Above: Twin Arrows in Arizona.
Today, the old path of Route 66 remains haunted by countless ruins and remains of motels, gas stations, diners and other drive-in's, ghost signs abandoned by the roadside.
Above: McLean in Texas.
How may are there? Nobody knows for sure. In any case, new buildings and structures are abandoned every year. It is estimated that more than 3,000 motels lay crumbling near the historic route. Interestingly enough, these are precisely what draw tourists from around the world, eager to shoot their cameras and take a trip back in time.
Above: Afton, Oklahoma. Ghost sign of Rest Haven Motel.
On occasion, entire cities have been abandoned, becoming thus "Ghost Towns" - a poetical if eerie nickname. Here, few institutions have survived 66 and still today, motels, restaurants and gas stations are forced to close.
Above: Ghost town of Hofflins. Between Bourbon and Cuba, Missouri.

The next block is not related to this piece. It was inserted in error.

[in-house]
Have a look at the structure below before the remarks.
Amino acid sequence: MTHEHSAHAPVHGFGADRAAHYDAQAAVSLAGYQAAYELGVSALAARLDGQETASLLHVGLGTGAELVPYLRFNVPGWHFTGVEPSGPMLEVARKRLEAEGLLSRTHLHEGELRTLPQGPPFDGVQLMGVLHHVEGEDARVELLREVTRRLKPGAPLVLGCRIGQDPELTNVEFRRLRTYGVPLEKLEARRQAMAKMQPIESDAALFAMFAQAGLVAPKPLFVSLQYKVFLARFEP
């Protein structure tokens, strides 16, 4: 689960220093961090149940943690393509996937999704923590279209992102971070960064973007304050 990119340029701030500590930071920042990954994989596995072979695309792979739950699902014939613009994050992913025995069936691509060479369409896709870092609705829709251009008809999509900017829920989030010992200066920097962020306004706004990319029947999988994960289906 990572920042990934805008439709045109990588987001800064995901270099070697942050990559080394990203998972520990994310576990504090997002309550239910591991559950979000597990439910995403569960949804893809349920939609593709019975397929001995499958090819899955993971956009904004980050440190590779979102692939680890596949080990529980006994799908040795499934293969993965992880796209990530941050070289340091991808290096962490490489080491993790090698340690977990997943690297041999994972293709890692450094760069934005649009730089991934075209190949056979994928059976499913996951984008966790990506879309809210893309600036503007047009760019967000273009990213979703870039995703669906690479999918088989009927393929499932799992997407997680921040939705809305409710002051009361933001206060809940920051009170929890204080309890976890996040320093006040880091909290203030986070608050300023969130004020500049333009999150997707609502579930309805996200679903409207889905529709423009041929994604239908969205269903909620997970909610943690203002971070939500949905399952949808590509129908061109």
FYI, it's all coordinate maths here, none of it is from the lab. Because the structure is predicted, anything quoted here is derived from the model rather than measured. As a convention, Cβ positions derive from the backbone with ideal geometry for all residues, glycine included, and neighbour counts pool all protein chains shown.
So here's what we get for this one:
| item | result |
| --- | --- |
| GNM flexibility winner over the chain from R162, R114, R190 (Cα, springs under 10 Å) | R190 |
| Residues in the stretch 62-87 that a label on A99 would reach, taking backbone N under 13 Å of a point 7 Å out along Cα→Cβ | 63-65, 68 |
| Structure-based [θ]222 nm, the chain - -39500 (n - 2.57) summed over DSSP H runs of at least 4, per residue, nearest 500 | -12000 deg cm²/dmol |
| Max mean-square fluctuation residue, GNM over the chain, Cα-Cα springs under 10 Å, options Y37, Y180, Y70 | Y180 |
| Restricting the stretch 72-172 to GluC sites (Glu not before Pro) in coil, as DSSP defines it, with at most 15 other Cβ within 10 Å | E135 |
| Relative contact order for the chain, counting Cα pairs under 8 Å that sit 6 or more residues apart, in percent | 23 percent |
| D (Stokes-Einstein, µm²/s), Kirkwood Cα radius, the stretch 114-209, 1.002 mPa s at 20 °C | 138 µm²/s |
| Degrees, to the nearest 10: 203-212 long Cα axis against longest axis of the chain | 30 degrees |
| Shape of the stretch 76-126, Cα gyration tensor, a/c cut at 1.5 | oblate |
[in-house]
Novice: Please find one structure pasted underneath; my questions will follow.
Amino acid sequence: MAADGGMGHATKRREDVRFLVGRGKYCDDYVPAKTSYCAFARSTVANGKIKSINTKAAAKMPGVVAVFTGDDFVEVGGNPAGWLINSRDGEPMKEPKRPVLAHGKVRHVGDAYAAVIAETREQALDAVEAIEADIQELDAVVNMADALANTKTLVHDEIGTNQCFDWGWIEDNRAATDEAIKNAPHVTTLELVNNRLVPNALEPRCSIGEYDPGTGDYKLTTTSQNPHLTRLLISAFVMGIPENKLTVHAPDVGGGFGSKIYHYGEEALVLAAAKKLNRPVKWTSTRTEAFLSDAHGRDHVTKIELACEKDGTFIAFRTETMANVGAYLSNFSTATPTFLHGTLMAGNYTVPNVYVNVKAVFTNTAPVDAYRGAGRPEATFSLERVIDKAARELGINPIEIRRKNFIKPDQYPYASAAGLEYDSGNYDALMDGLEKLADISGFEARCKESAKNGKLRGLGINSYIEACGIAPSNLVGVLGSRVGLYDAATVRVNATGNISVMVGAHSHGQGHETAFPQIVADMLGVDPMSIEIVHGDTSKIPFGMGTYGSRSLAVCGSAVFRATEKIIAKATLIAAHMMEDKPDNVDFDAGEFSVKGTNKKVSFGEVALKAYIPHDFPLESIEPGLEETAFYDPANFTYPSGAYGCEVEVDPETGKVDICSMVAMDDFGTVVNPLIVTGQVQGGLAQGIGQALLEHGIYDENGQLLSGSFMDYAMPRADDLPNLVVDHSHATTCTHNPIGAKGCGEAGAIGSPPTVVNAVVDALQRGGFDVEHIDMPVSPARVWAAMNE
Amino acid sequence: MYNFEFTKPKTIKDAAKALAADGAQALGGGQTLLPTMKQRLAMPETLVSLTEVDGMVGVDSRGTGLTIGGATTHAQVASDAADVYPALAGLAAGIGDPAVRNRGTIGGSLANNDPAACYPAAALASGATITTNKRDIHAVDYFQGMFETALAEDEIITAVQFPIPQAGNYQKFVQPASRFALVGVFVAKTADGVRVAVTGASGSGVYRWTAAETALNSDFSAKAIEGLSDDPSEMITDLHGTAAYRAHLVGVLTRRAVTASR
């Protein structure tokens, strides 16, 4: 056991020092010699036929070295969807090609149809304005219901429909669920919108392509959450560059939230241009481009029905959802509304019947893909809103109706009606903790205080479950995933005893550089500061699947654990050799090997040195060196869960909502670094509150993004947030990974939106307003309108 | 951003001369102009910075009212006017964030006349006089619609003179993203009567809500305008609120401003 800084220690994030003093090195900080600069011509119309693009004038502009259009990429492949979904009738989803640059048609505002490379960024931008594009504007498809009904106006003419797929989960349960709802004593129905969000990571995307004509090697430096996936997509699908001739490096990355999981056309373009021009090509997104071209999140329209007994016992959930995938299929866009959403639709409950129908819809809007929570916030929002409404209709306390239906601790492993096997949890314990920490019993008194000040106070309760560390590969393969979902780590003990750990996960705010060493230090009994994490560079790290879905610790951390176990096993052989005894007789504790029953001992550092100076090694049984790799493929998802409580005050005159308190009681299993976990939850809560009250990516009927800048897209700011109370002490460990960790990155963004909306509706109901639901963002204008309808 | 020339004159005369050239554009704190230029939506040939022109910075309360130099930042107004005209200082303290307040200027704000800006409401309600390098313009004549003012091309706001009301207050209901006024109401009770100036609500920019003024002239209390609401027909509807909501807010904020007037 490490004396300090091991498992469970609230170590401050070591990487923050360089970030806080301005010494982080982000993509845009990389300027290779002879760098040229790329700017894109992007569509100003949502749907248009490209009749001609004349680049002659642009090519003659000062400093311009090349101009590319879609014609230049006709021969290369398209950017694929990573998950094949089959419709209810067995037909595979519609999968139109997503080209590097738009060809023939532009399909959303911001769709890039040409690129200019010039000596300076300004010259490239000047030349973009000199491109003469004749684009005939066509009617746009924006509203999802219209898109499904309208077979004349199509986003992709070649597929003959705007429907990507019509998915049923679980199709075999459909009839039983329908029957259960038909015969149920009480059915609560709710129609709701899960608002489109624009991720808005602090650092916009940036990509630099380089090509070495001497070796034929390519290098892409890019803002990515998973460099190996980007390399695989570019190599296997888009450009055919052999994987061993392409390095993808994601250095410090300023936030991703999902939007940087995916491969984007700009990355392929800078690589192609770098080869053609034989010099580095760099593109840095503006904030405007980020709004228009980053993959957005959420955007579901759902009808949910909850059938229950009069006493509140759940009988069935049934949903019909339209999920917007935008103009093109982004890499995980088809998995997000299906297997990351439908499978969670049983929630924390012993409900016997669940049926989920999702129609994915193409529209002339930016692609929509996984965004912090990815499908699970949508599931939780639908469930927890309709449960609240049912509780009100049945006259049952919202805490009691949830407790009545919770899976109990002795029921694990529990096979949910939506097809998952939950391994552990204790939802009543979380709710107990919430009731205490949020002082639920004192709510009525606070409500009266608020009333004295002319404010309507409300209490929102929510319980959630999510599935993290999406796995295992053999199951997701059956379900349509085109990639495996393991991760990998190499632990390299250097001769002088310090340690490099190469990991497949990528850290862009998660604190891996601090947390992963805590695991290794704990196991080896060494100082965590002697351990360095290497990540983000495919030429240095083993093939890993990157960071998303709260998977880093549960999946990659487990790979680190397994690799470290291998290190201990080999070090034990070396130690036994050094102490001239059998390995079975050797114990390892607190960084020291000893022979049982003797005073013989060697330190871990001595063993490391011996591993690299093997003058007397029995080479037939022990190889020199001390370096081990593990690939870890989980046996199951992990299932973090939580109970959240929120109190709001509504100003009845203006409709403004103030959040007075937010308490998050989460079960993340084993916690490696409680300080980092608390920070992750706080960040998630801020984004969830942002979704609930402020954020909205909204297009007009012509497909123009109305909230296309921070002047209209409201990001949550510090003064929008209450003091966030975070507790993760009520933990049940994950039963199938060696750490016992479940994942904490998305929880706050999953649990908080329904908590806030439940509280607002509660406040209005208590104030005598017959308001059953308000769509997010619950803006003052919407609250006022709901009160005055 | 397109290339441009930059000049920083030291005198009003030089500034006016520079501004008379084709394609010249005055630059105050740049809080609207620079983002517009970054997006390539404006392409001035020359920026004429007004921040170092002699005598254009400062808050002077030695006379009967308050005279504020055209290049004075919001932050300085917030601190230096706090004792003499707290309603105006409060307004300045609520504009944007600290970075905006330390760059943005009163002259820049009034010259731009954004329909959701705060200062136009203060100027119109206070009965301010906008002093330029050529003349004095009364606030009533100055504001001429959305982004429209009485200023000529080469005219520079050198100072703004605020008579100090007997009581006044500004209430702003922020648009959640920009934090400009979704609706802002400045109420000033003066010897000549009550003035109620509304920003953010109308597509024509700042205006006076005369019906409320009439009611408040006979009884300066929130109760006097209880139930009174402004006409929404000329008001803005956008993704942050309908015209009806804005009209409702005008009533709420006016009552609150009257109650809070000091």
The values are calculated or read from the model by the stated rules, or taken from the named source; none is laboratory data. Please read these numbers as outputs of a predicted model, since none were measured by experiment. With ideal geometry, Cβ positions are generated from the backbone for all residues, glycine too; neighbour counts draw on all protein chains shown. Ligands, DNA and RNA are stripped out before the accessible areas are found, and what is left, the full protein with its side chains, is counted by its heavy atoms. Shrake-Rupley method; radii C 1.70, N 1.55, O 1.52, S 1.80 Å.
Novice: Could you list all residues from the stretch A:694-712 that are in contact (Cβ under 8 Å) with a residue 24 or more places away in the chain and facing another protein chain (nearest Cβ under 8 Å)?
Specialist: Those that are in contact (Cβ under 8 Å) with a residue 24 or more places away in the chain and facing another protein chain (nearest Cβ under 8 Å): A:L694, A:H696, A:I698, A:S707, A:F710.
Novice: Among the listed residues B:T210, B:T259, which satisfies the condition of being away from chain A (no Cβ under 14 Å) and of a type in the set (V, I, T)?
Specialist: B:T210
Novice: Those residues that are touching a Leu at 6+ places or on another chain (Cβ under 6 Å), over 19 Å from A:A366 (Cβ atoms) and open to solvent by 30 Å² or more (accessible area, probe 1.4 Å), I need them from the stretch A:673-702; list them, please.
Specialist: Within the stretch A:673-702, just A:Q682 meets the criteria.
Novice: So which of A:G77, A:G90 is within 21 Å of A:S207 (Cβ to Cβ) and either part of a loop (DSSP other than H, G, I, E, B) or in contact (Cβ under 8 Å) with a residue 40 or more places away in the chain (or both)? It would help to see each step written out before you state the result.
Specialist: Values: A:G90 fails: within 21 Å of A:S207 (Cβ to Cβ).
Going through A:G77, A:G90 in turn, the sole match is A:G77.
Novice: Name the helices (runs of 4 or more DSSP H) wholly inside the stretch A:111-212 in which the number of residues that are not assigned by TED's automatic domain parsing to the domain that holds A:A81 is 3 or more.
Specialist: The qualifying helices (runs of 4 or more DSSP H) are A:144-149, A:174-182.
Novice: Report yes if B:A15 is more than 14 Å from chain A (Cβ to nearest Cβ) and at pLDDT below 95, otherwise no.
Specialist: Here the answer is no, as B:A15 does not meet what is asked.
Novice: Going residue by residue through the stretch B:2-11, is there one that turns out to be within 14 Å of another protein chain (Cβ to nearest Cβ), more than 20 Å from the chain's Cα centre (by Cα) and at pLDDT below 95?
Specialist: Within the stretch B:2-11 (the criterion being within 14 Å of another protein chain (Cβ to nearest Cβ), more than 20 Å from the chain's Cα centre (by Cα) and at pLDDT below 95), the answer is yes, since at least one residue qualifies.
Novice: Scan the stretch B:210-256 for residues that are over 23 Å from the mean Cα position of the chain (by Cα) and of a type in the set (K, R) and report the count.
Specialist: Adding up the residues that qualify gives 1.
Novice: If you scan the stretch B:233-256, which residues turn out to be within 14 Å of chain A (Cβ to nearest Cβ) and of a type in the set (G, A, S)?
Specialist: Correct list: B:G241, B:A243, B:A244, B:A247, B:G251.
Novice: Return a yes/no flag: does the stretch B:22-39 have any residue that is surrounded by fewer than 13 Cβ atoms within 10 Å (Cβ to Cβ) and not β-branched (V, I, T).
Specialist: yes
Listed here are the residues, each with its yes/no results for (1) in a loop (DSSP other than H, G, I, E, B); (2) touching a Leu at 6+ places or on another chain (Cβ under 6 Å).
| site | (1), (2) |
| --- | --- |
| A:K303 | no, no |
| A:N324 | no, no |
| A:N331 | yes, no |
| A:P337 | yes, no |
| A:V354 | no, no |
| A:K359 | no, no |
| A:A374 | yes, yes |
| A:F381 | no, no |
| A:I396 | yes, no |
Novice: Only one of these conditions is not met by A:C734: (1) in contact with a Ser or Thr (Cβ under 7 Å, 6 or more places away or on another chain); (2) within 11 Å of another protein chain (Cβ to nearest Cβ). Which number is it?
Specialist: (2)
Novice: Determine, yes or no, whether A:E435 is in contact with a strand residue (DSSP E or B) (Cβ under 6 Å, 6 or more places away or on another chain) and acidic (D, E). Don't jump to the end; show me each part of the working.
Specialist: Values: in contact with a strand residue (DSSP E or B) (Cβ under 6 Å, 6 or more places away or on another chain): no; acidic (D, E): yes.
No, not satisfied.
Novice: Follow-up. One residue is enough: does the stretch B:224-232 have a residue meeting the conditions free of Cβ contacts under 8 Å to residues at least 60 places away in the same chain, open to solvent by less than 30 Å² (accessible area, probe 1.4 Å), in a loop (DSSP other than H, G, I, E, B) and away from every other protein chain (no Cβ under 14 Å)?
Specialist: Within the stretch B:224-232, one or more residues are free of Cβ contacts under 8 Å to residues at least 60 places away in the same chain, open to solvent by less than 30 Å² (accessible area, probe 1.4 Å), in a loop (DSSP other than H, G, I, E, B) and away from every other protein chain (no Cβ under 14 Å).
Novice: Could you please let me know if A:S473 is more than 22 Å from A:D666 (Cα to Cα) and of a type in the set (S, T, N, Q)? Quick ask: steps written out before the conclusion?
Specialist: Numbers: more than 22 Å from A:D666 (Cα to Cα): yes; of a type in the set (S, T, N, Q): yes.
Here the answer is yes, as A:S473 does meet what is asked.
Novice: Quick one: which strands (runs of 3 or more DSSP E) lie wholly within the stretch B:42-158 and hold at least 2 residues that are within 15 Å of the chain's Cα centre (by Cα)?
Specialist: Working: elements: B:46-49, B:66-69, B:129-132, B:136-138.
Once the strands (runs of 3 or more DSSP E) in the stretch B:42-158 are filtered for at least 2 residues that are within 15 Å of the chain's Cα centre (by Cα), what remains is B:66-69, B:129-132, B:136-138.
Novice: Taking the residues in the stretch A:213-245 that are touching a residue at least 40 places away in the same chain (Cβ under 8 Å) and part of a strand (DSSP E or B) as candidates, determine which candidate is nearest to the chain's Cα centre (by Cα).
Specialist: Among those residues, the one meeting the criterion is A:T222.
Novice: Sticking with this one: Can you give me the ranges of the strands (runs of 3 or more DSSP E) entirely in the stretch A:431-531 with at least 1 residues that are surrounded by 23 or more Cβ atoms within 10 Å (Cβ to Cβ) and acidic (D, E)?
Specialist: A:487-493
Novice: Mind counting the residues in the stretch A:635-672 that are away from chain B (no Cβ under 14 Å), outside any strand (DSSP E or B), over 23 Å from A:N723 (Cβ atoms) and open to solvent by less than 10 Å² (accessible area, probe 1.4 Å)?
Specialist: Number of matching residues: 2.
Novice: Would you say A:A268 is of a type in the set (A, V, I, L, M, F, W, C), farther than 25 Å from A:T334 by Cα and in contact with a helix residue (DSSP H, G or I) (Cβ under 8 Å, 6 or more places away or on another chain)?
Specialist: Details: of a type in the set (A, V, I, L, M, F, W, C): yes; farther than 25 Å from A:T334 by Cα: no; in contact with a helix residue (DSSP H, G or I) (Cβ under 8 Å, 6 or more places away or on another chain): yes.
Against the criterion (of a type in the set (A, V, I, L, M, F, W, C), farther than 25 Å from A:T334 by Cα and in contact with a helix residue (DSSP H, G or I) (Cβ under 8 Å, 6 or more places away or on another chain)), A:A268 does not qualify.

Numerous cities, often opulent as Route 66 blessed them with its passage, slowly die out as Interstates gain traction. These would-be ghost towns still hold a handful of locals ... until when anyhow?
Above: Adrian, Texas. Exactly halfway on Route 66, the motel this sign announces is lost in the desert and long abandoned. Los Angeles and Chicago are 1,139 miles away.
Above: Niangua Junction Store. Between Philipsburg and Marshfield, Missouri. The small service station and general store stood since 1935 at this crossroads formerly spanning Route 66. It has recently closed down.
Above: Heatonville in Missouri.